A sea-breeze (or onshore breeze) is a wind from the sea that develops over land near coasts. It is formed by increasing temperature differences between the land and water; these create a pressure minimum over the land due to its relative warmth, and forces higher pressure, cooler air from the sea to move inland. Generally, air temperature gets cooler relative to nearby locations as one moves closer to a large body of water.
The sea has a greater heat capacity than land and can therefore absorb more heat than the land, so the surface of the sea warms up more slowly than the land's surface. As the temperature of the surface of the land rises, the land heats the air above it. The warm air is less dense and so it rises. This rising air over the land lowers the sea level pressure by about 0.2%. The cooler air above the sea, now with higher sea level pressure, flows towards the land into the lower pressure, creating a cooler breeze near the coast. The strength of the sea breeze is directly proportional to the temperature difference between the land and the sea. If the environmental wind field is greater than 8 knots and opposing the direction of a possible sea breeze, the sea breeze is not likely to develop.
A sea-breeze front is a weather front created by a sea-breeze, also known as a convergence zone. The cold air from the sea meets the warmer air from the land and creates a boundary like a shallow cold front. When powerful this front creates cumulus clouds, and if the air is humid and unstable, cumulonimbus clouds, the front can sometimes trigger thunderstorms. If the flow aloft is aligned with the direction of the sea breeze, places experiencing the sea breeze frontal passage will be benign, or fair, weather for the remainder of the day. At the front warm air continues to flow upward and cold air continually moves in to replace it and so the front moves progressively inland. Its speed depends on whether it is assisted or hampered by the prevailing wind, and the strength of the thermal contrast between land and sea. At night, the sea-breeze usually changes to a land breeze, due to a reversal of the same mechanisms.
Sea-breezes in Florida
Thunderstorms caused by powerful sea breeze fronts frequently occur in Florida, a peninsula surrounded on both the east and west by the Atlantic Ocean and Gulf of Mexico, respectively. During the wet season which typically lasts from June through September/October, any direction that the winds are blowing would always be off the water, thus making Florida the place most often struck by lightning in the United States, and one of the most on Earth.  These storms also can produce significant hail due to the tremendous uplift it causes in the atmosphere especially during times when the upper atmosphere is cooler such as during the spring or fall.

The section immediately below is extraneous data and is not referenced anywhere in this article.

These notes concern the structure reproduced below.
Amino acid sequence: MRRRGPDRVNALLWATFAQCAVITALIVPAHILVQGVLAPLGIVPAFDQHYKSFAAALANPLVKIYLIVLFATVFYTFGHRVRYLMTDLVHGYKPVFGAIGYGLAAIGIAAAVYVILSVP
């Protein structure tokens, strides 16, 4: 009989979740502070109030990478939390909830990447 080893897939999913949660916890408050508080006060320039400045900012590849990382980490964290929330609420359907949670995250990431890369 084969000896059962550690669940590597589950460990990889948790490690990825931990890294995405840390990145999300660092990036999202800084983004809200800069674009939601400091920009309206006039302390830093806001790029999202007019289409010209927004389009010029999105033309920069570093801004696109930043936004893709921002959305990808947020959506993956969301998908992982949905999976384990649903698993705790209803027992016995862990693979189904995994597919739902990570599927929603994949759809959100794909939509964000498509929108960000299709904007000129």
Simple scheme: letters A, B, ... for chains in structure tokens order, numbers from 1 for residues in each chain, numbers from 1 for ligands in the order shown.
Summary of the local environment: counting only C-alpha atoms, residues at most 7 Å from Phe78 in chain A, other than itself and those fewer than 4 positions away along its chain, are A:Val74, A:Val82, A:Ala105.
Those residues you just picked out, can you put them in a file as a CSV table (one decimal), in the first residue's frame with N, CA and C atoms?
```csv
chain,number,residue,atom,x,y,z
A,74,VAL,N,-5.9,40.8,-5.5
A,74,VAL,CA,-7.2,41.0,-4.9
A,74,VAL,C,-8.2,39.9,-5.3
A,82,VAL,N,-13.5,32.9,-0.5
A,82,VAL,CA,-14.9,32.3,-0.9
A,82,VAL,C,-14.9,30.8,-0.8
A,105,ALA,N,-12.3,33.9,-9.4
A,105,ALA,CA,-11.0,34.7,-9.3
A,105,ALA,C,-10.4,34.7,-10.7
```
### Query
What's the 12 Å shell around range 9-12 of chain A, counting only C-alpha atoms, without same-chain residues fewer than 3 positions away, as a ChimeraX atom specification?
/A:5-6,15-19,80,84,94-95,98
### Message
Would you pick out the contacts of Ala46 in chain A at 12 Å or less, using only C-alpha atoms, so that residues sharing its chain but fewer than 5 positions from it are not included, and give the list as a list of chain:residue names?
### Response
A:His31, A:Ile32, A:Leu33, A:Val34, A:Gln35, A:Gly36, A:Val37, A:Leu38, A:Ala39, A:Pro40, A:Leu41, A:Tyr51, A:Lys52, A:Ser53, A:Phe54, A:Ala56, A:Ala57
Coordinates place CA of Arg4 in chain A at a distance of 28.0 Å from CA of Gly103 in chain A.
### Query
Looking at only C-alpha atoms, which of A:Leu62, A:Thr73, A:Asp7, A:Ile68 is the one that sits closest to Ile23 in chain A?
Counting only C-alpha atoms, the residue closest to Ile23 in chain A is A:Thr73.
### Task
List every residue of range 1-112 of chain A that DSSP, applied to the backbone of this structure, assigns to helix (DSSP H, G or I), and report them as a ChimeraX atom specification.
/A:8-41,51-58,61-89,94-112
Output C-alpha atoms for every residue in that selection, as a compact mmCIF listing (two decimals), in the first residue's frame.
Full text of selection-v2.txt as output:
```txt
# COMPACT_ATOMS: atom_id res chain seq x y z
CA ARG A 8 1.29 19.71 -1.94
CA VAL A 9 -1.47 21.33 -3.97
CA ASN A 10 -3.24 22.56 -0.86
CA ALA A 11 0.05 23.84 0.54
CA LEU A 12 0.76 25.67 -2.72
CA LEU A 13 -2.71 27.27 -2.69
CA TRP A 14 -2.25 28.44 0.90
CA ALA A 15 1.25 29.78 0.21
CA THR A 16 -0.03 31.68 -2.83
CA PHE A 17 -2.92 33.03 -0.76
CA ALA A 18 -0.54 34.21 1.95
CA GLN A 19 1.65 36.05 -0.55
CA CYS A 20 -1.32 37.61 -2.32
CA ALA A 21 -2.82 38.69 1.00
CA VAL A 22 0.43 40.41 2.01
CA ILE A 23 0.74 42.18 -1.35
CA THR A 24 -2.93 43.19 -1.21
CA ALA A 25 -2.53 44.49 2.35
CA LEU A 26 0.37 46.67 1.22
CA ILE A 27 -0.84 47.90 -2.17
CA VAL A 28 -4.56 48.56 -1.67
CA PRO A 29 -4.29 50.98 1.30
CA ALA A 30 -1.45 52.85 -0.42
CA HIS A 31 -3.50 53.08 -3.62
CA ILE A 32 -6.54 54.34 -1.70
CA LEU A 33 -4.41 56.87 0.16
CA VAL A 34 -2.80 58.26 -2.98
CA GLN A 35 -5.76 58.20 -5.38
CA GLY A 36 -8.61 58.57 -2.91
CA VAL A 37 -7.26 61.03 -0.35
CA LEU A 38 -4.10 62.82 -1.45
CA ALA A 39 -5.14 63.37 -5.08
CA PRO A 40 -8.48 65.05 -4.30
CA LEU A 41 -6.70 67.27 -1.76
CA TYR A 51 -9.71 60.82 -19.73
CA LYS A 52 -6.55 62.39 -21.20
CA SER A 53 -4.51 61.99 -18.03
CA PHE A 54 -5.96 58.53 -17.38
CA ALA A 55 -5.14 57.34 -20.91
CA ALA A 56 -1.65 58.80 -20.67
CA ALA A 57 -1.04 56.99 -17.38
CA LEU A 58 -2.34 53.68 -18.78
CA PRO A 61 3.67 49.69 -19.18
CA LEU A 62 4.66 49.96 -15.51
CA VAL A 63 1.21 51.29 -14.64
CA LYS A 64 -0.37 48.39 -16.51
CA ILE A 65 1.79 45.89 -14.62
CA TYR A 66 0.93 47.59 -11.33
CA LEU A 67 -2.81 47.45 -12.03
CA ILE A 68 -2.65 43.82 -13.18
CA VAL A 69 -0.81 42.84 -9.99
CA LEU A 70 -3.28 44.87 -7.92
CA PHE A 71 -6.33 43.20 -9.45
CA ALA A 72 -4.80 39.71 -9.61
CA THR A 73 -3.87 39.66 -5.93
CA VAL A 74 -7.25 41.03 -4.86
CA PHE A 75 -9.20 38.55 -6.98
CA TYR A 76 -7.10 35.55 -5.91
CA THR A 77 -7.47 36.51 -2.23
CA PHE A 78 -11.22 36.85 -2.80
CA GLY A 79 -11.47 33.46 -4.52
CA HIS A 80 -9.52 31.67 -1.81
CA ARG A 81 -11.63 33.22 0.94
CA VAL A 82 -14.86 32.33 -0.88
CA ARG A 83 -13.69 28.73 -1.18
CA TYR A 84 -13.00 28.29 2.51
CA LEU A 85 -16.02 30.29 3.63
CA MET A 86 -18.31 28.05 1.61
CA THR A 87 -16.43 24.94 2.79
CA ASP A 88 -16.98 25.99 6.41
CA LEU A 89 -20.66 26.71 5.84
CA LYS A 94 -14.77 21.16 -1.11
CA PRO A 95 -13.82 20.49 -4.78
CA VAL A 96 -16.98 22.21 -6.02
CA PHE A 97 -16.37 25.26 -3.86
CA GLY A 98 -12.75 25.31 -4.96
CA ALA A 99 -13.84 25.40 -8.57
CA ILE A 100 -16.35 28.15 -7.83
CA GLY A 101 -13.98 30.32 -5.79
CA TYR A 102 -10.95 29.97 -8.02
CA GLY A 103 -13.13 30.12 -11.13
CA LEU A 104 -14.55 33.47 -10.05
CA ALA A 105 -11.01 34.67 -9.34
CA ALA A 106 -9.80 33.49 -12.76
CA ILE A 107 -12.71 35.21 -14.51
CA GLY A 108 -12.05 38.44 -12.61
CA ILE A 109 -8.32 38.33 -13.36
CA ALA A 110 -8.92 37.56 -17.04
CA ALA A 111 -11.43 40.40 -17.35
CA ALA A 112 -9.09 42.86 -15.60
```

On calm summer afternoons with little prevailing wind, sea-breezes from both coasts may collide in the middle, creating especially severe storms down the center of the state. These thunderstorms can drift towards either the west or east coast depending on the relative strengths of the sea-breezes, and sometimes survive to move out over the water at night, creating spectacular cloud-to-cloud lightning shows for hours after sunset. 
At night, the land cools off faster than the ocean due to differences in their heat capacity, which forces the dying of the daytime sea breeze. If the land cools below that of the adjacent sea surface temperature, the pressure over the water will be lower than that of the land, setting up a land breeze as long as the environmental surface wind pattern is not strong enough to oppose it. If there is sufficient moisture and instability available, the land breeze can cause showers or even thunderstorms, over the water. Overnight thunderstorm development offshore due to the land breeze can be a good predictor for the activity on land the following day, as long as there are no expected changes to the weather pattern over the following 12–24 hours. This is mainly because the strength of the land breeze is weaker than the sea breeze. The land breeze will die once the land warms up again the next morning.
- Fremantle Doctor, the local name for the sea breeze in and around Perth, Western Australia
- Mountain breeze and valley breeze
- Reynolds, Wenke, Esterguard (2005) "Project OINTMENT -- Ontario's Impact Nipping Towards Markdowns with Environmental Naturalization of Temperatures"
- University of Wisconsin. Sea and Land Breezes. Retrieved on 2006-10-24.
- JetStream: An Online School For Weather (2008). The Sea Breeze. National Weather Service. Retrieved on 2006-10-24.
- Lightning Research Laboratory (UF). Lightning.ece.ufl.edu. Retrieved on 2009-02-06.
- Winsberg, Morton (2003). Florida Weather. Gainesville: University Press of Florida. ISBN 0-8130-2684-9.
- Henry, James (1998). The Climate and Weather of Florida. Sarasota, Florida: Pineapple Press (FL). ISBN 1-56164-036-0.